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Clowns – Nature/Nurture

Known for causing an uproar and all sorts of trouble across the live scene, Clowns are back with their fourth album, Nature/Nurture and it’s all kinds of hectic.



Known for causing an uproar and all sorts of trouble across the live scene, Clowns are back with their fourth album, Nature/Nurture and it’s all kinds of hectic. This album seems to blend tones of their older material with that of their more recent albums, along with sounds totally new to the band.

“Soul For Sale” turns on a more beach rock sound, reminding me something of a mix between Nirvana and modern beachy garage. It doesn’t take long for the drums to kick in though, and it’s not long until we’re back to classic Clowns hardcore punk sounds and rolling riffs. What’s nice I find that really decorates the whole album is the occasional addition of female vocals, which balances nicely with the dominating harsh punk scuzz, adding melody and edge.

“Freezing in the Sun” is pumping with adrenaline from the start and you can’t help but want to get up and jump around. Complimented also with female overtones, this track is like earlier Clowns, edged with a clear sense of development and sophistication.

I must say, Clowns is certainly on the heavier spectrum of the music I’d typically listen to, but with great variation and creativity, I was finding myself enjoying it more and more as the tracks rolled out.

Right in full skate punk swing now, “Nature” kicks off with strong drums. The word nature wouldn’t typically come to mind listening to this song but there’s just something about it that suits so well. Cluttered with screaming vocals and the rolling sounds of electric guitar, “Nature” is one of the more catchier tracks on the album, introducing more psychedelic sounds, integrating guitar isolation and fuzzy feedback.

“I Wanna Feel Again” takes a step back with a more peaceful intro and a sweetly composed guitar melody. With darker, emotional lyrics, I heard a side of Clowns that was unfamiliar to me. My sense of surprise doesn’t last long though, with the chorus speeding straight back up and we’re headbanging again.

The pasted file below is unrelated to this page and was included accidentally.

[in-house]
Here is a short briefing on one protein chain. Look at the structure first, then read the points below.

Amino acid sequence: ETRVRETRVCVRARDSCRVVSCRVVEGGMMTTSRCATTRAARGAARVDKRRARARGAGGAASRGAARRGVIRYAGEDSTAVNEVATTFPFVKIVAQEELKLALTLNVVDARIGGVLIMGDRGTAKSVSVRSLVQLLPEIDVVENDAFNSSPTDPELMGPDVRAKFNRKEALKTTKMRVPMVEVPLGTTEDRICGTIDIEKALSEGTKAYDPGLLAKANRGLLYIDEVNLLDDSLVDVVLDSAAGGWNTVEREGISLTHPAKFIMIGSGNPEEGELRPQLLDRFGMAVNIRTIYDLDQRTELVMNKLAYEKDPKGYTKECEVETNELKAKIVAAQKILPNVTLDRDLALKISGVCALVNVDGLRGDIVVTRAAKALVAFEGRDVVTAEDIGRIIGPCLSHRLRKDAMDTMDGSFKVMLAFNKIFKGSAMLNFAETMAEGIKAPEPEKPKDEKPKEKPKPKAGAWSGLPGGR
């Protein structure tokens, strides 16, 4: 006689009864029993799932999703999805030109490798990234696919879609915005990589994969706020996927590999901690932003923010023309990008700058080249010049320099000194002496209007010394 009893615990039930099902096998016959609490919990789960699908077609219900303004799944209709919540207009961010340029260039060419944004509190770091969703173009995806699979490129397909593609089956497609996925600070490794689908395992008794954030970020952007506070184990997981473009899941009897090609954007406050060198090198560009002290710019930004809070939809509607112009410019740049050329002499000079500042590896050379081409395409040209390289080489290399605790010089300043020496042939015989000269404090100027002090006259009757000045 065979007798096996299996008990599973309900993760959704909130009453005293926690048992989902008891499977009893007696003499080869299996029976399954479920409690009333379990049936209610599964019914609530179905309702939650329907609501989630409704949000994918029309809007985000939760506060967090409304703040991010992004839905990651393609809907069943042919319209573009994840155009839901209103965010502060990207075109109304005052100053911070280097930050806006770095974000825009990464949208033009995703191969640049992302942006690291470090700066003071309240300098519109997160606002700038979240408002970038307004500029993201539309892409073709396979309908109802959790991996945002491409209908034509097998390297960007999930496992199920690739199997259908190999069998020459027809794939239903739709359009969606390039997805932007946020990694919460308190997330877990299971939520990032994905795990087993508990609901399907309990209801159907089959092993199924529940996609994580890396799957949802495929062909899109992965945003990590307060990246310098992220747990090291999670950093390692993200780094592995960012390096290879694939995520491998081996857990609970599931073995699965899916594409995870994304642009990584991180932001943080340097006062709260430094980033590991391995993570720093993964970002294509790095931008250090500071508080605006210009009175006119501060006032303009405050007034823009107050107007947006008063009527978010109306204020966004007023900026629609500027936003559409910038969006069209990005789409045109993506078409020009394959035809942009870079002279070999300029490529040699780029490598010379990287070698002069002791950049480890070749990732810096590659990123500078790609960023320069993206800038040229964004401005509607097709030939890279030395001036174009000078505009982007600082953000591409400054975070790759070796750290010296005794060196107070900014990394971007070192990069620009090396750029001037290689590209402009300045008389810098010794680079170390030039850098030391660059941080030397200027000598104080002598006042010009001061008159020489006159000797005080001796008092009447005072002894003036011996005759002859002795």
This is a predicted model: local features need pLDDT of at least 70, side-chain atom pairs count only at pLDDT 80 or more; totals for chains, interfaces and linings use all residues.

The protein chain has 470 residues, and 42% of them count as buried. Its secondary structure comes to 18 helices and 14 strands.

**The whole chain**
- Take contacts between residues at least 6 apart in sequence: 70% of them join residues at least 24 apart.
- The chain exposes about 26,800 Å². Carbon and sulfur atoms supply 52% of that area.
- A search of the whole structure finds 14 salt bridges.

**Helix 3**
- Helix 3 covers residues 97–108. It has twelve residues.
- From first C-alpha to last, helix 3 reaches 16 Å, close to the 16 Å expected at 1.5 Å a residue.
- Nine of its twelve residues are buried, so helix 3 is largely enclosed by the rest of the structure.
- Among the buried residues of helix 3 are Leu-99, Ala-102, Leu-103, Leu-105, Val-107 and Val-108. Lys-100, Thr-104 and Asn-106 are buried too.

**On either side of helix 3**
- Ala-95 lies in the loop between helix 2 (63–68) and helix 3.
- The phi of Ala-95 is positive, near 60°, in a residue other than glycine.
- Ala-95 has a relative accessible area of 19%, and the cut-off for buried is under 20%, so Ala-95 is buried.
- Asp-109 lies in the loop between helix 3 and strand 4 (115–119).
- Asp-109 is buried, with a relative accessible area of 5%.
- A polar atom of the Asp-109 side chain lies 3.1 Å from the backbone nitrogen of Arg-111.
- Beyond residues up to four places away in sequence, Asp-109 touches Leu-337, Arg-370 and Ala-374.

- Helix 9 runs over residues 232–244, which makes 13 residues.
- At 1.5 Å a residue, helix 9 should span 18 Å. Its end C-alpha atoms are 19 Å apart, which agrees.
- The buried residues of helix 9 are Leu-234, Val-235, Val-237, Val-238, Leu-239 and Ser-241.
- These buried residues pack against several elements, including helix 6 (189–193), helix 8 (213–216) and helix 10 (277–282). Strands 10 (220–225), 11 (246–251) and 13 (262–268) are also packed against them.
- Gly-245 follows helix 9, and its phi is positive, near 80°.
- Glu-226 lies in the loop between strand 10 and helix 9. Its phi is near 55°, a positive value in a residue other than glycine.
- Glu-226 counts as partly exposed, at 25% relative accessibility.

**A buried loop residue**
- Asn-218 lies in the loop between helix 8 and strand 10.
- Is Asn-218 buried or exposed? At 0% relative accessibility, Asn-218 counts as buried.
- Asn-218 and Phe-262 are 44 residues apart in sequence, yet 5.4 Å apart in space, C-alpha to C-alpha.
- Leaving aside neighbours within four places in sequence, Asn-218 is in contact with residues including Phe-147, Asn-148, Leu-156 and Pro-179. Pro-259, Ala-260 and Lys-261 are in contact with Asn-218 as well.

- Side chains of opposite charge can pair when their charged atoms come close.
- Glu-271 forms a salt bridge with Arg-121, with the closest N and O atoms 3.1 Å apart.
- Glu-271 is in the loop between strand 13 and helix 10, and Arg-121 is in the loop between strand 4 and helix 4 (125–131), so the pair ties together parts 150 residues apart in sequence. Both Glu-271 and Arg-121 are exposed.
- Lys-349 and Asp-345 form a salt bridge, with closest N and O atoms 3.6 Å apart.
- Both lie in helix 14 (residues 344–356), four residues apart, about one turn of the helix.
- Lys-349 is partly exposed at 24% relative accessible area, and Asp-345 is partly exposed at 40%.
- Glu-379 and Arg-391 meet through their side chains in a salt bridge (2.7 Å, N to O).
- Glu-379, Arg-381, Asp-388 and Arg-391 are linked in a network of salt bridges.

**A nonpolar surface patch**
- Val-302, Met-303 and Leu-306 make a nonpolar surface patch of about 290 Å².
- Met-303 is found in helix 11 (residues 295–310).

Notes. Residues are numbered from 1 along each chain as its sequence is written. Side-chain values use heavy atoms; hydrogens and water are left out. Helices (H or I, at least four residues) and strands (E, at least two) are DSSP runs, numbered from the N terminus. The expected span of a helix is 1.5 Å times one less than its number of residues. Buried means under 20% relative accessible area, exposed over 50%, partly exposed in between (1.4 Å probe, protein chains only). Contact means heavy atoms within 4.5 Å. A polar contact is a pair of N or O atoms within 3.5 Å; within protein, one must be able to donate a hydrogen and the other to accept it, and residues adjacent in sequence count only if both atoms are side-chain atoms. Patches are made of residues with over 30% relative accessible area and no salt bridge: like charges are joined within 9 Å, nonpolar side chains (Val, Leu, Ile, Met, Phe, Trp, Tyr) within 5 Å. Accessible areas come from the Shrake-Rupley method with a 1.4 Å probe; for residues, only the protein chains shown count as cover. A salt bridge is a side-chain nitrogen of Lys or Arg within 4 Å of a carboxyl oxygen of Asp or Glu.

At this point, I find the album takes a turn into more fuzzy, psychedelia – just what I like! “I Shaved My Legs For You” gives a sense of impending doom, filled with feedback and power chords. It’s nearly unsettling. This feeling for me carries right through until their last track, “May I Be Exhumed”, which is like some futuristic robot caught within an amplifier. As the track waves goodbye to its listeners, tapered sounds from other worlds embellish the rough and unruly clatters of Nature/Nurture, tying off the album with class.

It was refreshing to see classic punk rockers take on a more experimental project with this album and there’s no doubt they have certainly progressed technically and creatively. I find a lot of punk albums often struggle to create a new and fresh sound above all the screams and ruckus but I think Clowns just may have achieved this perfectly. I’d give this one a 7/10. 

(Fat Wreck Chords)


Berwanger – Watching a Garden Die

Josh Berwanger continues to evolve as a songwriter



At the height of Vagrant Records’ early success in the late 90s, the label was buoyed by the incredible draw of their two biggest names- The Get Up Kids and Saves the Day. And while those two bands took a chunk of the notoriety, there were plenty of great bands that called the label home. One of those bands was The Anniversary. The Lawrence, Kansas band shared musical similarities with both TGUK and Saves the Day, but were unafraid to branch off into slightly more synthesised terrain that gave their songs an added element. Coupled with their super easy to digest harmonies and fantastic male/female vocals, songs like “The D in Detroit” still has a place in countless “favorite playlists” all these years later.